Some data suggest that industrywide, upward of two-thirds of the supply chain is now external. Not only is the amount of outsourcing high and increasing, but also the nature of the companies to which that outsourcing is going is changing—sometimes radically. Ventilator medical device manufactures have outsourced production to automotive or even vacuum cleaner manufacturers in the fight against the Covid-19 pandemic.

Such partnerships may be necessary and highly successful, but they can’t occur without increased levels of risk and QMS complexity and reliance. It will be interesting to see if this kind of outsourcing will endure and become yet another instance of our “new normal.”

Another significant contributor to supply chain complexity is the unprecedented level of mergers and acquisitions. McKinsey & Co. states that 50 to 60 percent of the growth strategy industrywide is now inorganic, with growth and product being bought into a business. If a company isn’t buying, it’s being bought—or selling and divesting in order to buy. In the case of an acquisition, QMS integration is either planned for or often intentionally set aside. A business acquiring a business is inevitably acquiring yet another QMS.

Sometimes such an integration is perceived as being too difficult to be feasible. Even if tackled, integration is always a costly challenge laden with risk.

It is well documented that a lack of supplier control is a major contributor to product recalls and field actions in life sciences. Therefore, it should come as no surprise to see that problem continues to persist. Here again is where the differentiating capabilities that proactive quality solutions bring positively disrupts the paradigm.

Whether it’s managing thousands of suppliers or facilitating an acquisition or divestiture, the ability to virtualize the QMS out to the external nodes of the supply chain and collaborate directly at the data level is a game changer. Still too often today, even the biggest and brightest medical product manufacturers rely on manual communication methods—email, phone calls, and even faxes—that result in limited ability to trace, control, and report on supplier-related quality issues. In a 2016 study by KPMG, a staggering 43 percent of manufacturers reported having limited or no visibility into their supplier network, with only 13 percent having “complete” visibility past their tier one suppliers.

Across manufacturing industries, the companies that win in the 2020s will be those that use digital to redefine the meaning of quality excellence.

And what about the supplier or the CMO? Their lives are no less complicated as they serve an increasingly large and complex number of customers. They must deal with myriad associated QMS of every shape and level of capability. They, too, can only benefit from improved integration and collaboration, increased efficiency and effectiveness, improved quality and compliance risk reduction, and ultimately, stronger competitive differentiation.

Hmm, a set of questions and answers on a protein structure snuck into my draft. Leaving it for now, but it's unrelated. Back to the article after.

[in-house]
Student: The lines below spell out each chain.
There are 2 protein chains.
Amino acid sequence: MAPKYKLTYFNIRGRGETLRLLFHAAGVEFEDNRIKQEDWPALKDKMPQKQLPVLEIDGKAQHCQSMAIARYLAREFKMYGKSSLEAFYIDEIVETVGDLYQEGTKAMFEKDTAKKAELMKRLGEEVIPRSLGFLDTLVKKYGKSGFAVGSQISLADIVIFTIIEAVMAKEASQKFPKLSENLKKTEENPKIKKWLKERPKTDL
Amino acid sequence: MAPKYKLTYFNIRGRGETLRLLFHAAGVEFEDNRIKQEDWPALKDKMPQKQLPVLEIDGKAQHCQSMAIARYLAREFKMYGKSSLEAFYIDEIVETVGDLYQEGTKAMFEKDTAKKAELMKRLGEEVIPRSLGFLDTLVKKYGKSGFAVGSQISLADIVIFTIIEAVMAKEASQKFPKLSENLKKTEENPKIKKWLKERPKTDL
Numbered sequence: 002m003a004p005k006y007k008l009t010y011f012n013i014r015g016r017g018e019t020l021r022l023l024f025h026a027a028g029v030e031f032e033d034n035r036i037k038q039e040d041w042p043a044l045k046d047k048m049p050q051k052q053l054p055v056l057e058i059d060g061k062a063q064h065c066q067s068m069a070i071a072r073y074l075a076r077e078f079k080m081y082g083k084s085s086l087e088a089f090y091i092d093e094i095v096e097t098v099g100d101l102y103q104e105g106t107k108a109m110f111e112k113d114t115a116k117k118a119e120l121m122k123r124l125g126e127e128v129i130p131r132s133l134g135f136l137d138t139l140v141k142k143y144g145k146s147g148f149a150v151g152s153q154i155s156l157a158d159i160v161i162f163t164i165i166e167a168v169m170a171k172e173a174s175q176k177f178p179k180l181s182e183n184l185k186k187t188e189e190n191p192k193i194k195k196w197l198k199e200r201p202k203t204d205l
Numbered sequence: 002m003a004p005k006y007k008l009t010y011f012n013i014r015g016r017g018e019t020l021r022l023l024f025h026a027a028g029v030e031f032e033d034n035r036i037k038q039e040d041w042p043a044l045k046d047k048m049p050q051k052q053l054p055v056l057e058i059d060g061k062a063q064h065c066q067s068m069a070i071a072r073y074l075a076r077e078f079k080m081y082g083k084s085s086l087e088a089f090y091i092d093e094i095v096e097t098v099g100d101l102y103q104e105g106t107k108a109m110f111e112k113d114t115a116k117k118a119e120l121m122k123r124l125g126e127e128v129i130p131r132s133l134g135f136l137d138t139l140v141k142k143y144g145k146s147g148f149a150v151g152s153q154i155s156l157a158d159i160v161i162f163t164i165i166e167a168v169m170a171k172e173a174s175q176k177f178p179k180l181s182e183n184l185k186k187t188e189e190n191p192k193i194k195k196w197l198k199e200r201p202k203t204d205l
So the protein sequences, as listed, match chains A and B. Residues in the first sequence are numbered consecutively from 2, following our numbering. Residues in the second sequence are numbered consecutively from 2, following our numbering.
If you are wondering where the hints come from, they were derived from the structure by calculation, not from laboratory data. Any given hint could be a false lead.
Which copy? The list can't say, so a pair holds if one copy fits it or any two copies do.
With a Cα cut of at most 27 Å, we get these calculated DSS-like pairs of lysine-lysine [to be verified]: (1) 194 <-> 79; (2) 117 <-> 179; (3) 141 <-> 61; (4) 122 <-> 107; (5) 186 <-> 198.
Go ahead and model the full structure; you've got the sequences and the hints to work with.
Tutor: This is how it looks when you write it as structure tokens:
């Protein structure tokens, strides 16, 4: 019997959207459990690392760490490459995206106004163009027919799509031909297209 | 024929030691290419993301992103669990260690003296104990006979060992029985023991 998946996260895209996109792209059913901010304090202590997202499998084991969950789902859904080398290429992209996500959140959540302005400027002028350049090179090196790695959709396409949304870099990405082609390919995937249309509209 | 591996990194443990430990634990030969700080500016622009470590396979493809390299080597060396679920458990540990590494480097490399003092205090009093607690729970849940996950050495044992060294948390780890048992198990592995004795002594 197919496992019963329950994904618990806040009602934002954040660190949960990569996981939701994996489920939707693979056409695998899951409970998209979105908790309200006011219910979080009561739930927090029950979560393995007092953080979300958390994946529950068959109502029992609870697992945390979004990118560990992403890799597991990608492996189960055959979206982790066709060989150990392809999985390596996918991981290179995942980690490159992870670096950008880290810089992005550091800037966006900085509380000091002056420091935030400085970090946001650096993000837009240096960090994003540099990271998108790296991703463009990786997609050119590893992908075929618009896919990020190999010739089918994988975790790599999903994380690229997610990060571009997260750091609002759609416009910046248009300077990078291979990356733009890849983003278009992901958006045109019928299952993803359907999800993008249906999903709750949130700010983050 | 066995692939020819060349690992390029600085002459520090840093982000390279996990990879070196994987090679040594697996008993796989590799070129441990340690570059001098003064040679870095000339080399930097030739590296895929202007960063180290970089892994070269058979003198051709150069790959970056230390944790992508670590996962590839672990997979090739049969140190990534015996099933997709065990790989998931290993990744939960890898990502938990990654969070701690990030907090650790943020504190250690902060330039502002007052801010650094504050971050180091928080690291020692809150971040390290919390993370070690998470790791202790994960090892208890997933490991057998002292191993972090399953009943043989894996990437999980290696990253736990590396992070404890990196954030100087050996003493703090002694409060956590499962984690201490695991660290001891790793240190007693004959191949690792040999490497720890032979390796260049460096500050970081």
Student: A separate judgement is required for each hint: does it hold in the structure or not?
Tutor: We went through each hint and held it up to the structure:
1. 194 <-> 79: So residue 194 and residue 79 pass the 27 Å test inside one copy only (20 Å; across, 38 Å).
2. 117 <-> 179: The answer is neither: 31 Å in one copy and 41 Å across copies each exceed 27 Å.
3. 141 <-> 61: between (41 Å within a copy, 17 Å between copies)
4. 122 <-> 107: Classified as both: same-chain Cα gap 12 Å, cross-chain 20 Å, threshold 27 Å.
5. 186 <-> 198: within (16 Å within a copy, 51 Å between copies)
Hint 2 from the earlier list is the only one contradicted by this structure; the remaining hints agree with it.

Great supplier quality management starts with supplier evaluation, selection, and onboarding, followed by ongoing performance measurement, performance control, and effective, efficient, and holistic issue and incident management. The ability now to manage supplier-related corrective and preventive action (CAPA) or supplier-related product, process, and equipment changes—collaboratively, at the data level in the host QMS—will bring much-needed relief to this growing, challenging, and vitally important industry trend.

In conclusion

Understanding and embracing bimodality, and seeing how it impacts businesses and their quality management ecosystems, has never been so important in the life sciences industry. Balancing the quality needs of today in Mode 1 with those from Mode 2 already with us or rapidly approaching is a vital act to master.

Digital transformation appears to be moving in a global wave from North America through Europe and out to the Asia–Pacific region. Digital transformation of QMS may not be a 2021 imperative for all businesses, but it is an inevitable event they will face in the coming years. It’s not a matter of if, but when and how.

Understanding all of these trends and their interplay with the QMS is important in many ways, perhaps none more so than in enabling a quality organization and its IT partners to win the inevitable: internal competition for project funding within their business.

A business’s relationship with the QMS solution and the provider of that solution should, similarly, be a long-term one. It is imperative that businesses invest both for today and tomorrow, however uncertain that future may look. Better understanding these trends helps a business develop a short-, medium-, and long-term strategy for their QMS and all the vital interconnections that QMS has throughout the broader supply chain architecture.

In my experience, quality leaders may not even be privy to the potential impacts these trends could have on their businesses. R&D pipelines as well as mergers, acquisitions, and divestitures are always confidential below the C suite. However, quality leaders don’t need to know exactly what the product or acquisition is to know that it will impact their quality and compliance landscape.

Digital transformation is not about software; it’s about data, process, people, talent—with technology as an enabler. The most important skills for driving the overall success of a digital quality transformation are the so-called “soft skills” such as communication, teamwork, and change management.

Be bimodal. Keep your finger on the pulse of the industry. Understand these and other impactful trends. Strive to realize the promise of proactive quality and embrace the inevitable digital quality transformation. There’s nothing more rewarding for quality leaders than the opportunity to show up as true business leaders who can demonstrate the value of their quality organization and its impact on the health and wellness of the global population.

About The Author

Steve McCarthy’s picture

Steve McCarthy

With a BSc in Medical & Industrial Biology, Steve McCarthy is Vice President of Digital Innovation at Sparta Systems. McCarthy is certified in six-sigma process excellence and provides domain expertise and serves as an industry evangelist and customer advocate for Sparta. McCarthy has nearly three decades of experience as a quality and supply chain leader within the healthcare industry.